Stent healing response following delivery of paclitaxel via durable polymeric matrix versus iopromide-based balloon coating in the familial hypercholesterolaemic swine model of coronary injury.
Angioplasty, Balloon, Coronary, Animals, Cardiovascular Agents, Constriction, Pathologic, Coronary Artery Disease, Coronary Vessels, Disease Models, Animal, Drug-Eluting Stents, Iohexol, Neointima, Paclitaxel, Polymers, Swine
AIMS: The routine use of paclitaxel-coated balloons (PCB) in combination with bare metal stents (BMS) in de novo coronary lesions has been questioned. In this study, we aimed to compare the vascular response of BMS implanted using a second-generation PCB (BMS+PCB) with the TAXUS stent (PES) and a BMS control (BMS) in the familial hypercholesterolaemic swine (FHS) model of coronary injury.
METHODS AND RESULTS: A total of 17 stents (PES=6, BMS+PCB=6, and BMS=5) were implanted in the coronary territory of 10 FHS using a 20% overstretch injury ratio. Imaging evaluation (QCA and IVUS) was conducted in all animals at baseline and 28 days following stent implantation. Following terminal imaging all animals were euthanised and stented coronary segments harvested for histological evaluation. At 28 days, the lowest degree of percentage diameter stenosis by QCA was achieved by the PES (2.9 ± 9%) followed by the BMS+PCB (9.5 ± 16.4%) and the BMS group (25.65 ± 18.7%, p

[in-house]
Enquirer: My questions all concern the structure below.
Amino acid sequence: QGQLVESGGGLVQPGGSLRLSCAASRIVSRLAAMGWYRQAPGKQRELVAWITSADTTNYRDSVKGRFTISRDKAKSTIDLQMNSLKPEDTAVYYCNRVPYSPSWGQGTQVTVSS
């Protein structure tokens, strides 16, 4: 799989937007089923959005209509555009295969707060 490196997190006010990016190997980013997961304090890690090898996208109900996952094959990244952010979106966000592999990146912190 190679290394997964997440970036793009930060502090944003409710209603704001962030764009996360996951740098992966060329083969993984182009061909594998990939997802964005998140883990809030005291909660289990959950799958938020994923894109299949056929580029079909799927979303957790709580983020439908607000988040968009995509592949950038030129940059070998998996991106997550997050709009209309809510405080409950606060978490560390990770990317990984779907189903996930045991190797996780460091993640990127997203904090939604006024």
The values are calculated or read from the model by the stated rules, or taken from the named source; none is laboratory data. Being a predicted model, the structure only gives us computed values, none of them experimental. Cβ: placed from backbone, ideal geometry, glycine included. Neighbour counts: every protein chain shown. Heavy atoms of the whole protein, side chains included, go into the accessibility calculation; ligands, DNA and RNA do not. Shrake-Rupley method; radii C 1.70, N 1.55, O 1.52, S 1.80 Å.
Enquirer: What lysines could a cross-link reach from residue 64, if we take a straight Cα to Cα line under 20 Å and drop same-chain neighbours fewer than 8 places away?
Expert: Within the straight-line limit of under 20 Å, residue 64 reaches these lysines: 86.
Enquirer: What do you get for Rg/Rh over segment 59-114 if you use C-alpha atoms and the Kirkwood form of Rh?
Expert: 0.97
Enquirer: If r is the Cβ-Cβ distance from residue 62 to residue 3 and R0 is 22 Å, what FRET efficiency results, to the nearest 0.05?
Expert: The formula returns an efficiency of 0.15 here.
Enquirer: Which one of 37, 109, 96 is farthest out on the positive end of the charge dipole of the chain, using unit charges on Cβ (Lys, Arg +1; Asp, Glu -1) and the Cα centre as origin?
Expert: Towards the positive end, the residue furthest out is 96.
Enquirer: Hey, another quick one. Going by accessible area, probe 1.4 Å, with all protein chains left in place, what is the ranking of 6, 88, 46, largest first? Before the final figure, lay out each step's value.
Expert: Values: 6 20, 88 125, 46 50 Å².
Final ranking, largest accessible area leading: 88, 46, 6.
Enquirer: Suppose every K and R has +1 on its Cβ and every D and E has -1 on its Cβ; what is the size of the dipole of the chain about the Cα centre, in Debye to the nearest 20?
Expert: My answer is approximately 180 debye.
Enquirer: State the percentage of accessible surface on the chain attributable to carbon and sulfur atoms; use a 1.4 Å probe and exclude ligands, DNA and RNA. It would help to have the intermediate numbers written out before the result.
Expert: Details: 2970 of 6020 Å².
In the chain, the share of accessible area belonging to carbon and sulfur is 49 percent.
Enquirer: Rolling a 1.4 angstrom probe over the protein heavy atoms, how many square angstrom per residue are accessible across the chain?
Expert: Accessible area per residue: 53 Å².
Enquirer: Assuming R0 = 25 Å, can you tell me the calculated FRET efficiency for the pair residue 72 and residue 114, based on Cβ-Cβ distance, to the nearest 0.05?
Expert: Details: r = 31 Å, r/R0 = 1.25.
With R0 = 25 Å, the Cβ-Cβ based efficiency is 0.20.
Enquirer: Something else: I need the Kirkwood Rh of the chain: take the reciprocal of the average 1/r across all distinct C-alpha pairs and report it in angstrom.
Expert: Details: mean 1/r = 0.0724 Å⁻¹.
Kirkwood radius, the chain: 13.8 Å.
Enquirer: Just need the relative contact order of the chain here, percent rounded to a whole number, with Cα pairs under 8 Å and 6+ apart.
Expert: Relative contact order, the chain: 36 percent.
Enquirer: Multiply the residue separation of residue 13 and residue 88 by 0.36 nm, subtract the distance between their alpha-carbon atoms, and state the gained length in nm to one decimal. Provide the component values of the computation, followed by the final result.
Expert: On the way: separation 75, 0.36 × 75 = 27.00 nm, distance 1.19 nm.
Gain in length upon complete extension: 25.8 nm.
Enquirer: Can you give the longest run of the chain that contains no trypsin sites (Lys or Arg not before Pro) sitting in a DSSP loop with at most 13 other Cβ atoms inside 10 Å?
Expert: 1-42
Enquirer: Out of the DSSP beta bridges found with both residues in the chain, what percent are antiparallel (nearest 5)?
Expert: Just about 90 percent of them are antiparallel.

CONCLUSIONS: In the FHS coronary injury model, BMS implantation using a PCB yields a degree of neointimal inhibition comparable to the PES. The BMS+PCB combination presented lower degrees of inflammation and fibrin deposition; however, signs of delayed healing were still present.
Buszman, Piotr P; Tellez, Armando; Afari, Maxwell; Cheng, Yanping; Conditt, Gerard B; McGregor, Jennifer C; Milewski, Krzysztof; Stenoien, Mark; Kaluza, Greg L; and Granada, Juan F, "Stent healing response following delivery of paclitaxel via durable polymeric matrix versus iopromide-based balloon coating in the familial hypercholesterolaemic swine model of coronary injury." (2013). Maine Medical Center. 1844.